One job that I always look forward to every year is the planting of spring bulbs. It is a time full of hope for what is to come, and one of my favorite methods of spring bulb planting is the bulb lasagne.
This is a layering method where you plant multiple different bulbs at different depths in the same pot.
The idea is that you plant the largest and latest flowering bulbs at the bottom of the pot and then work your way up.
Here, you can see the layout I have gone for. Starting with Hyacinths, then Tulips, followed by Daffodils, and finally snowdrops and crocuses on the top layer.
There are lots of different arrangements you can make, but this is a very popular one.
Why not plant up a few separate lasagnas and experiment with different bulbs to see which combinations work well for you?
No matter what combination you choose, the end result is a wonderful display that lasts for months as different flowers come into bloom at different times.
What is even better is that this method is straightforward, and as long as you have a deep pot, then anyone can do it, let me show you how.
But won't The Bulbs Block Each Other?
This is a very common concern when people first hear of this method, but it doesn't happen.
Spring bulbs are very good at working their way to the surface no matter what is above them.
The bulbs will divert their growth to grow around the layer above them while making their way to the surface.
How To Plant Up A Bulb Lasagne
To start with, you want to select a large enough pot to accommodate all of your bulb layers. Depth is more important than width here.
Use a pot that is around 20-25 inches deep. This will give you enough depth to fit all your layers while leaving plenty of soil at the bottom for your larger bulbs to root into.
Then, we need to talk about drainage. As this pot will be outside over winter, it is likely to see a lot of rain, so we need to ensure there is adequate drainage.
I am using a terracotta pot, which has a large hole in the bottom. To stop your soil from falling out of this hole while still allowing water to drain, you want to cover it.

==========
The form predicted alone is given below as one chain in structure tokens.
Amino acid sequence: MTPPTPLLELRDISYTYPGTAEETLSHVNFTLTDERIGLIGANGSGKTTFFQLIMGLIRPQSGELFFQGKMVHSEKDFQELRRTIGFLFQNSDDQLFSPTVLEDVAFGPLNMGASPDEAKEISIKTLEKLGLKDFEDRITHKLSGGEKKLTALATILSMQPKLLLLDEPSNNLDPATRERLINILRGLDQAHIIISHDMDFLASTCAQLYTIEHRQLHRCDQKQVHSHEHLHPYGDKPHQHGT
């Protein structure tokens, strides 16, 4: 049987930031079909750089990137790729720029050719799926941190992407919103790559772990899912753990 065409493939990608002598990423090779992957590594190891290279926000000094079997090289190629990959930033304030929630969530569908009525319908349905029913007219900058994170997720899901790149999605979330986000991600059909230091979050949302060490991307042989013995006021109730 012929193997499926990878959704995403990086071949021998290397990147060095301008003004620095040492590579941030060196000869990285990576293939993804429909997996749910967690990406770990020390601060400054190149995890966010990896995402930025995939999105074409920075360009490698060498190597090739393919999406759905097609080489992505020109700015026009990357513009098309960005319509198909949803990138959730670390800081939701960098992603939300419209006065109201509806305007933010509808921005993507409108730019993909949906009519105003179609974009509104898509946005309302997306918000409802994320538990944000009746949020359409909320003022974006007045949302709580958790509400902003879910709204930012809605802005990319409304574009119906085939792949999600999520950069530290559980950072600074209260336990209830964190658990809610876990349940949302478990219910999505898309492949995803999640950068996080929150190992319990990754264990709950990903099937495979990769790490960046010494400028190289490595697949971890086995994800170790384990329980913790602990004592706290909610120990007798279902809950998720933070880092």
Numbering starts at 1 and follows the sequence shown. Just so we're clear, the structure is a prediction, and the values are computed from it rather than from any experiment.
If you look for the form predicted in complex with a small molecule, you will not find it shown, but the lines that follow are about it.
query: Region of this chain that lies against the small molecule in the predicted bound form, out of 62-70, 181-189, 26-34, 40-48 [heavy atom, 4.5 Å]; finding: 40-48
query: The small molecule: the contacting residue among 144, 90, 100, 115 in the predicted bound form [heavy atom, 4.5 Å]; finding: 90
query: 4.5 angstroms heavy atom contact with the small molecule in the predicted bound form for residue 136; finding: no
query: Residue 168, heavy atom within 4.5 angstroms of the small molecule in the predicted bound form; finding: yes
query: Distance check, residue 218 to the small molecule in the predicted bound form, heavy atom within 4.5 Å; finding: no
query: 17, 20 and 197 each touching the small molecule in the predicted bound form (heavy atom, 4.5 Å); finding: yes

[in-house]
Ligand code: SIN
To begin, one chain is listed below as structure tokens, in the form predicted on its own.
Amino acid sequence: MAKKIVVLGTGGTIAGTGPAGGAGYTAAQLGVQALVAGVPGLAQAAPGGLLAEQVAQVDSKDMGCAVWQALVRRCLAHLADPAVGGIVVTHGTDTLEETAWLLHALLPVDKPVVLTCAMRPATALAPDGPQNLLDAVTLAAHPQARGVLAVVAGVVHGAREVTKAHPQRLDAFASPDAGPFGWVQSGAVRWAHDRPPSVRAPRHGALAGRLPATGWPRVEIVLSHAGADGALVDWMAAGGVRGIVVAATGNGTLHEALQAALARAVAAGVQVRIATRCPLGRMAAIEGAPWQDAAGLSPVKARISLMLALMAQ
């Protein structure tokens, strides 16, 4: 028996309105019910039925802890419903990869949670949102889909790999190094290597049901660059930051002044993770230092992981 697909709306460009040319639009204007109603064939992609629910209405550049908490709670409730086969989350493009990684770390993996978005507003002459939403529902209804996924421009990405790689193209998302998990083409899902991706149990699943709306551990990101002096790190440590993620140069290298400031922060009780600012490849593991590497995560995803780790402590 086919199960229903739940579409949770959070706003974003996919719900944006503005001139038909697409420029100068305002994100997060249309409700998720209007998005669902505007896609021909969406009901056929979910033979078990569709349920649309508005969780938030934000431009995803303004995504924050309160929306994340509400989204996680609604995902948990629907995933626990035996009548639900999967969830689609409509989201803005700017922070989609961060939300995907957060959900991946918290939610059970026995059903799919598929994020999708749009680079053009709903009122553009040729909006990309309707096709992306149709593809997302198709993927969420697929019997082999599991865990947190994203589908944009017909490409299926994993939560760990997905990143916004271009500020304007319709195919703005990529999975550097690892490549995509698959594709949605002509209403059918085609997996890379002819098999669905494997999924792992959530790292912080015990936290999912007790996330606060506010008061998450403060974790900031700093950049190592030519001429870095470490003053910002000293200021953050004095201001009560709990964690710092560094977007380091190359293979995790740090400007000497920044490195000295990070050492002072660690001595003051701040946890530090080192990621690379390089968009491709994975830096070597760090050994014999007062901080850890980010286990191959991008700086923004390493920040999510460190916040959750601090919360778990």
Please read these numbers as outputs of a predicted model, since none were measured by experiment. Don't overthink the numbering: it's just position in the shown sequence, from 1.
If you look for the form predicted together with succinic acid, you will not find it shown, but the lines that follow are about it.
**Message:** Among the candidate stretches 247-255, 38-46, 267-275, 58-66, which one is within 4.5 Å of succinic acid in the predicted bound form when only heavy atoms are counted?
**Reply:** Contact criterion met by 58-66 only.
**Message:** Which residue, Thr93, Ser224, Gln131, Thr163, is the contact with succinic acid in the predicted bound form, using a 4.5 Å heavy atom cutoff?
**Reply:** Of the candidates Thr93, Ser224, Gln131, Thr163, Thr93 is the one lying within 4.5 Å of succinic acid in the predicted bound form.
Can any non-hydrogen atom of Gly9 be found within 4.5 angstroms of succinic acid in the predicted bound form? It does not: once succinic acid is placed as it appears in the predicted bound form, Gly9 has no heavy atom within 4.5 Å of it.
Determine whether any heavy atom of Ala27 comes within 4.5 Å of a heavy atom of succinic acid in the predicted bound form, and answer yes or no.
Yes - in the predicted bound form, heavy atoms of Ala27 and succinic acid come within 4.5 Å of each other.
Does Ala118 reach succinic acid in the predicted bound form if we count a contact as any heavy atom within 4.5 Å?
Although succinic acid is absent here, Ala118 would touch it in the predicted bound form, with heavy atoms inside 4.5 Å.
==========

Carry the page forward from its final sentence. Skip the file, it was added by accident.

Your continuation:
Broken bits of terracotta are commonly used for this, but anything large enough to cover the hole while still allowing water to drain will work well.
You will also need to ensure the pot is up away from the ground to allow water to drain away. If using a terracotta pot, then buy some of these feet to lift it slightly off the ground.
Fill the bottom of your pot roughly a third full with a high-quality potting mix; you then want to plant your first layer of bulbs.
These will be your biggest and latest flowering bulbs. In my setup, these are hyacinths.
Notice that I have not planted the bulbs right up to the edges of the pot. This is just to give them a little extra insulation on those really cold nights!
Then, cover the bulbs with a couple of inches of potting soil and plant your next layer.
You can see that as I work my way up the layers, the bulbs are getting smaller and smaller.
Keep going like this until all of your layers have been planted.
And here is my final layer; as you can see, by the time we get to snowdrops and crocuses, the bulbs are much smaller than the hyacinths we started with.
A handy little tip if you are struggling with which way round to plant your bulbs is to look for last year's old root growth.
These little stringy bits were the roots last year and need to be facing down, with the neck facing up.
That's all there is to it! Give your pot a good watering if there is no rain, but apart from that, just leave it be and dream of the spring display you will soon be enjoying!
Can I Leave The Bulbs In For Next Year?
Yes, you can, but the display will never be as good as it was in the first year. The reasons for this are twofold.
Firstly, these bulbs are really packed in, and as such, they will use up the nutrients in the soil quickly. While you can help improve this situation with soil amendments, it will never be as good as planting them in fresh potting soil.
Secondly, many of your bulbs are at their peak when purchased; they are large, strong bulbs harvested at the perfect time to give the best display possible.
In their second year, they will not look as good as they look to divide and multiply.
Tulips are particularly bad for this and never look quite as nice in their second year.
Whether you stick with the bulbs already in your pot and just accept that the flowering won't be quite as prolific in the second year or start anew is up to you.
You can also plant the old bulbs in your garden and let them naturalize, and buy a fresh batch for next year's pot!